The guard blows his whistle and the train slowly draws out of the platform. I take the photo which appears at the top. Suddenly there is a shout, the driver applies the breaks and the train skids to a halt. Someone is running across the car park far below us. He vanishes into the stair well. After what seems an eternity he appears at the top and darts across the platform to board the train.

The guard blows his whistle a second time and the train draws out. I have mixed feelings about Christmas.

Stranger than fiction – No. 1

Monday, 21 November 2011

Ghost train to Lodz

A passenger expresses her frustration at a unadvertised train running outside the published timetable. Still from The Ghost Train.

A friend was coming up to see me from Warsaw to Lodz on Saturday (19 November) evening, and had an interesting journey. Here is his account.

I had a busy day including a pupil whose lesson was due to end at 19:30. According to the official PKP timetable ( run by TK Telekom and Dworzec Polski I had a choice of two trains to Lodz: the 19:50 Inter Regio due into Lodz Widzew at 21:21 and continuing on to Lodz Kaliska for 21:39; or the 21:33 Tanie Linie Kolejowe for Lodz Widzew only, arriving at 23:13. Lodz Kaliska being much more convenient for my final destination than Lodz Widzew, I phoned my pupil, brought her lesson forward and set out in good time for Warszawa Centralna.

The reply to the timetable query. TK Telekom/Dworzec Polski.

I got to the front of the queue at the ticket office at 19:40, bought my ticket for the 19:50 and then strolled off to find platform 4. Consternation, it is 19:50, but no 19:50 train to Lodz on the departure board! I rush upstairs to the monitors in the subway linking the platforms; no 19:50 train to Lodz; in fact, no 19:50 to anywhere! I charge upstairs to the departure hall and check out the new touch-screen information terminals. ‘Arrival times’, no I don’t want arrivals, ‘Departures’ that’s better, and there at last, is my train to Lodz Kaliska only it leaves at 20:10, not 19:50. Hey ho, if only I had known, I need not have rescheduled the lesson after all.

We arrive at Lodz Widzew around 21:45, so far so good. Most people get off here. I ask the guard what time we are due in to Lodz Kaliska, he replied that we should be there about 22:35. I text this information to Dyspozytor our train pulls out and heads out North-east across the access tracks to the freight yard. Unfamiliar scenery follows is this really the route to Lodz Kaliska?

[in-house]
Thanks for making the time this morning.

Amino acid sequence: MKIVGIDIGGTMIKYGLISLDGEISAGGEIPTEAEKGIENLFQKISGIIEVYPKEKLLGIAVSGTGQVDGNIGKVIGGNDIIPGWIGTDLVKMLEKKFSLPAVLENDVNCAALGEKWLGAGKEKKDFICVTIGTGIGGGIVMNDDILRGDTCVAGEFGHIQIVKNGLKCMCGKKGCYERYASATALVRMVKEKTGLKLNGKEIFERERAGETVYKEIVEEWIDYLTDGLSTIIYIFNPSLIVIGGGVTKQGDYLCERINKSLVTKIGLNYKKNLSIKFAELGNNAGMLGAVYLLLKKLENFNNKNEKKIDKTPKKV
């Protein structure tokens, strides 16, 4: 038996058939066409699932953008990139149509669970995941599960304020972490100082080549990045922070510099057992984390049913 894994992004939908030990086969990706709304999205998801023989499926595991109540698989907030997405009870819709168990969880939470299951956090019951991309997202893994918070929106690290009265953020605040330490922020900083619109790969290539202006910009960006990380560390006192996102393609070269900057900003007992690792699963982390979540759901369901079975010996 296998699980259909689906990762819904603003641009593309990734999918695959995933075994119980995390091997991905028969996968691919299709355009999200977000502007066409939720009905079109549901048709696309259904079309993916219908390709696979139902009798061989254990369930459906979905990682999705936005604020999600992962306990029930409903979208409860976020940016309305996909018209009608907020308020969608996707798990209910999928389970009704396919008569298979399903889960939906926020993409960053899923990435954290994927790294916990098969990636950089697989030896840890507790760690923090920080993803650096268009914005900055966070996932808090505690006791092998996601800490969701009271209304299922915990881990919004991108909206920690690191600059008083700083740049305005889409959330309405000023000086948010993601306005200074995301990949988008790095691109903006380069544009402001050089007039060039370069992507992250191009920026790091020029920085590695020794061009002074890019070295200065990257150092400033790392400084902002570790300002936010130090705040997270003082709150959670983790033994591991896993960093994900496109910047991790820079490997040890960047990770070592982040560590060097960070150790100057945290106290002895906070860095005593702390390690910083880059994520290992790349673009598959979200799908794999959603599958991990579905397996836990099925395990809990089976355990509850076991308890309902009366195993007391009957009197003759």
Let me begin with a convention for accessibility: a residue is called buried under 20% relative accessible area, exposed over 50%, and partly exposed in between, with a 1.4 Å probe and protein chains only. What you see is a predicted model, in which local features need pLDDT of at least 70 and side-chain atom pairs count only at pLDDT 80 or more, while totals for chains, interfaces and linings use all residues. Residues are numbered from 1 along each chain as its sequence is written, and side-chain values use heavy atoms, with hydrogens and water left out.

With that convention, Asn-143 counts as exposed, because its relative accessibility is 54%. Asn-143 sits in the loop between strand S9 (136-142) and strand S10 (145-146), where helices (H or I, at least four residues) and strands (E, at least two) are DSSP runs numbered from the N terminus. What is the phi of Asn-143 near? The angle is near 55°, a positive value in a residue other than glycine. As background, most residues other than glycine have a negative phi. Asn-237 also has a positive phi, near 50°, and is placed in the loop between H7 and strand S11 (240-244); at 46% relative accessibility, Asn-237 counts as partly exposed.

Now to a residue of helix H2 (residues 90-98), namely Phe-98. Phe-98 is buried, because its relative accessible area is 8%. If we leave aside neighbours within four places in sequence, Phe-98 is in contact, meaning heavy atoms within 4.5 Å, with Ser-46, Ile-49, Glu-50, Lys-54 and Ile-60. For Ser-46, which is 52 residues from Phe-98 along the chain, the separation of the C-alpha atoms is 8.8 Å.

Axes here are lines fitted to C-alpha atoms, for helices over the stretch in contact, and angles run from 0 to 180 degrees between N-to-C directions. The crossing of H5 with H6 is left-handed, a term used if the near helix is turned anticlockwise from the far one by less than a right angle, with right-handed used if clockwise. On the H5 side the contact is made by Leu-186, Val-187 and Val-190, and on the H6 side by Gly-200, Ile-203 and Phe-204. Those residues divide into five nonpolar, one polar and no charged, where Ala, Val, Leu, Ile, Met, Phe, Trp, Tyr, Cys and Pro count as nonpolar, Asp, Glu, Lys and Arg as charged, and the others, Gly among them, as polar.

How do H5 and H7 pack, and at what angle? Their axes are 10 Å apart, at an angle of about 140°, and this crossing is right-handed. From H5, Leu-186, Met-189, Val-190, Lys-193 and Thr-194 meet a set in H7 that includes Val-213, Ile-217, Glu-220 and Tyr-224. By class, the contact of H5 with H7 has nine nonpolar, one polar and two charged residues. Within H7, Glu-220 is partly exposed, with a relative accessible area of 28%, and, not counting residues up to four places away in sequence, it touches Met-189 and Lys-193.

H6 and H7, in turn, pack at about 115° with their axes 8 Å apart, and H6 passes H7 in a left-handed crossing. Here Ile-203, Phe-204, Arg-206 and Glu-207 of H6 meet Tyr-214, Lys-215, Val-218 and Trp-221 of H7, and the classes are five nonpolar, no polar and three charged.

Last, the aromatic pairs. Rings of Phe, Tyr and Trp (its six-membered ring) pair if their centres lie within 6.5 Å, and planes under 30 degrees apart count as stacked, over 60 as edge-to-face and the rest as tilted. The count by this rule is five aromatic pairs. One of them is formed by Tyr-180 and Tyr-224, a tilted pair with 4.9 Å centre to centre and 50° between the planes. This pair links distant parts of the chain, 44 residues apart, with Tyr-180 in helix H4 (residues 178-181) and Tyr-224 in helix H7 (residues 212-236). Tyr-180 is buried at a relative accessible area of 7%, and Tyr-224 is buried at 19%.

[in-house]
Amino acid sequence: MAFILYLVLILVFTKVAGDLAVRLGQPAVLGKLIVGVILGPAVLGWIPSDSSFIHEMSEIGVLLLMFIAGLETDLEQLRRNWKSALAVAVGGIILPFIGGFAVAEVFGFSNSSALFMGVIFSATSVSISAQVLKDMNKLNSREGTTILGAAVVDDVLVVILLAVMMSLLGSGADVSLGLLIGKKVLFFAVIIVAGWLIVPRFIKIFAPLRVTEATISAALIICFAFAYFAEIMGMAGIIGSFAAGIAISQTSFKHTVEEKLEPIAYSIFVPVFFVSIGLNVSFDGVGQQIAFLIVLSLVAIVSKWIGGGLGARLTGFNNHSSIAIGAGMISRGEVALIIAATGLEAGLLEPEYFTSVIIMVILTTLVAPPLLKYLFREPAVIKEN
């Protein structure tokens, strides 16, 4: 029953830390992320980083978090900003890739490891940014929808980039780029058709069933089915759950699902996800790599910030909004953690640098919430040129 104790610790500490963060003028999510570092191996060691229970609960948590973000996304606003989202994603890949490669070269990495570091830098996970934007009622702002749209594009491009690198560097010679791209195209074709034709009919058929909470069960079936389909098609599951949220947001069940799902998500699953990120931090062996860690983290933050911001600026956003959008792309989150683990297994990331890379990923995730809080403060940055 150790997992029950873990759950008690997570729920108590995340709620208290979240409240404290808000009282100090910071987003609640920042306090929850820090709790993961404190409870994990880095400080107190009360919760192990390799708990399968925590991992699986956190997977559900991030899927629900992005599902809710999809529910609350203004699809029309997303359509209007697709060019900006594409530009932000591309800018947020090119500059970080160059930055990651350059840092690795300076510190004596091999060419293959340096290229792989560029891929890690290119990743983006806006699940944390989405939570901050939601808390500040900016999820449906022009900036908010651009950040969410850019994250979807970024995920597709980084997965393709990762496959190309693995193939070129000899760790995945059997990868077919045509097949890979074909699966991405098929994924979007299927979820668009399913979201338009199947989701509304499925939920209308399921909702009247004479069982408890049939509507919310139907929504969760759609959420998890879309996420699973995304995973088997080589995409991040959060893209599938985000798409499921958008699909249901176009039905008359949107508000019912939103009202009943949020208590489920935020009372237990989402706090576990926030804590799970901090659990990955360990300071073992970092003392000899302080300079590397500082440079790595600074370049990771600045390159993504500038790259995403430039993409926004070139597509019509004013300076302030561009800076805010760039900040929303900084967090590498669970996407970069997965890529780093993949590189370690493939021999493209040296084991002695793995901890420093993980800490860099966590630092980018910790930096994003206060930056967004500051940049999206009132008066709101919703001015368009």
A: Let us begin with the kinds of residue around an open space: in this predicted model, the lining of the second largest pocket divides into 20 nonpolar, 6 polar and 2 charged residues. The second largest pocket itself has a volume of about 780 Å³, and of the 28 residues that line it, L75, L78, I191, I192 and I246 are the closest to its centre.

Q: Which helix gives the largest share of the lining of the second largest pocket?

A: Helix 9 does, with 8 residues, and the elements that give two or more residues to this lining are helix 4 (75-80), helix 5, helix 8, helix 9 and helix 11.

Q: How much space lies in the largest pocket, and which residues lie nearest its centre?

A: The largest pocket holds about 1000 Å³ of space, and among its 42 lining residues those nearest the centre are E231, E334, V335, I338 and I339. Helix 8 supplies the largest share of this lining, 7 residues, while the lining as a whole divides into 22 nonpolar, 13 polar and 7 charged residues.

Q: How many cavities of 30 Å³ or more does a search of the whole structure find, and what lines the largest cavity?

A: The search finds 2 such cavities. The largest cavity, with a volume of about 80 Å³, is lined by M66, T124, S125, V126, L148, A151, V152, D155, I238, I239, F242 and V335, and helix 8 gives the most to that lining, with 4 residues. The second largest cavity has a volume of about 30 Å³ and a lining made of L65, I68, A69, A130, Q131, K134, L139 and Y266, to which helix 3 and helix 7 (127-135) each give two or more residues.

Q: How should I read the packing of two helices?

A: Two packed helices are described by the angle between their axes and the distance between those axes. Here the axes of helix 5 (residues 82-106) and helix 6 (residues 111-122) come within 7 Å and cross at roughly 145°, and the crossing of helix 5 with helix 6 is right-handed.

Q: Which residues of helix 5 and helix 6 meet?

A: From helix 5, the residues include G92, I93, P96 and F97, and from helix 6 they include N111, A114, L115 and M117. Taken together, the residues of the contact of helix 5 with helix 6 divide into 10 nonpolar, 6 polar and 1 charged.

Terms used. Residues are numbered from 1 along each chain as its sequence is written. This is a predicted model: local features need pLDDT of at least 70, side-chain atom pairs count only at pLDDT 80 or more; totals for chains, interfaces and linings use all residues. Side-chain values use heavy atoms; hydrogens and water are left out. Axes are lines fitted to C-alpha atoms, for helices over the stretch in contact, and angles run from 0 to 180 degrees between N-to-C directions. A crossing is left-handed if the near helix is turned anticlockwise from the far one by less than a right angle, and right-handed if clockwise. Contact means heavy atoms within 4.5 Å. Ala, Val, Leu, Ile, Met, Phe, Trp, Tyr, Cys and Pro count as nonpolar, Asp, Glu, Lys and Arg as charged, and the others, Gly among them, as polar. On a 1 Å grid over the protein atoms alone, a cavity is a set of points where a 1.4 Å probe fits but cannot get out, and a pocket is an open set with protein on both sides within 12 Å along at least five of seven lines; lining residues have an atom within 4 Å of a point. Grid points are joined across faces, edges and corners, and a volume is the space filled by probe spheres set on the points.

We stop at another station; my remaining fellow passengers look worried. I look out the window; the phone rings. It’s Dyspozytor. According to my calculations, you are being routed via Zgierz. Please get out at Lodz Zabieniec.

I’m not sure we stop at Lodz Zabieniec, I reply cautiously.

All trains from Zgierz stop at Zabieniec, he says confidently. With half my body out the window. I can just make out the station sign which is situated conveniently at right angles to the platform.

Where are you, he asks? I’m at Zgierz, but according to the route diagram that’s impossible.

You’ve been routed via the freight cut-off line, he explains. Please get out at the next stop.

After what seems an eternity, but is probably only 5 minutes, the train starts running back in the direction we have come from. We arrive at what appears to be a disused halt. It is 22:37. Should I really get off here? My phone rings. Please get out here. You’ve reached your destination.

And that would be the end of the story, had it not been for the fact that I was not the only person waiting at Lodz Zabieniec to pick someone up. Obviously the fact that the 20:10 IR ex Centralna runs – and runs via Zgierz – is out in the public domain, if not in the TK Telekom timetable. I remember the little leaflets handed out to passengers on the last day of Lodz Fabryczna’s operation and the Notice to Passengers on the PKP IC website. I wonder?

I check out the relevant BTWT post, follow the link to the PKP IC Notice to Passengers, and download the new timetable. Yes there it is – the 20:10 ex Centralna, calling at Widzew, Zgierz and Zabieniec!

All change at Lodz

Thursday, 20 October 2011

Rail route diagram of the Lodz area.

(Click to enlarge.)

Following the closure of Lodz Fabryczna station, some rail services in the Lodz area have been re-routed.

Trains from Warsaw to Ostrow Wielkopolski and Wroclaw run via Lowicz Przedmiescie, Zgierz and Lodz Zabieniec to Lodz Kaliska.

Trains from Czestochowa and Tomaszow Mazowiecki run from Lodz Widzew to Zgierz on the freight avoiding line (avoiding Lodz Kaliska).

Trains will from Lodz Kaliska to Warsaw run via Lodz Chojny and Lodz Widzew on weekday mornings; trains from Warsaw to Lodz Kaliska run via Lodz Widzew and Lodz Chojny on weekday evenings. In addition there there are some other connections available from Lodz Kaliska to Warsaw (some direct services and others by changing trains at Kutno, Lowicz Glowny or Lodz Widzew).

While somewhat confusing for local residents, the new arrangements are a route gricers paradise. We found at least one train that leaves Lodz Kaliska, calls at Lodz Zabieniec and Zgierz, and the changes direction at Zgierz to run down the freight avoiding line to Lodz Widzew and then follows the usual route to Warsaw.

The new timetable:

More details on PKP Intercity pages: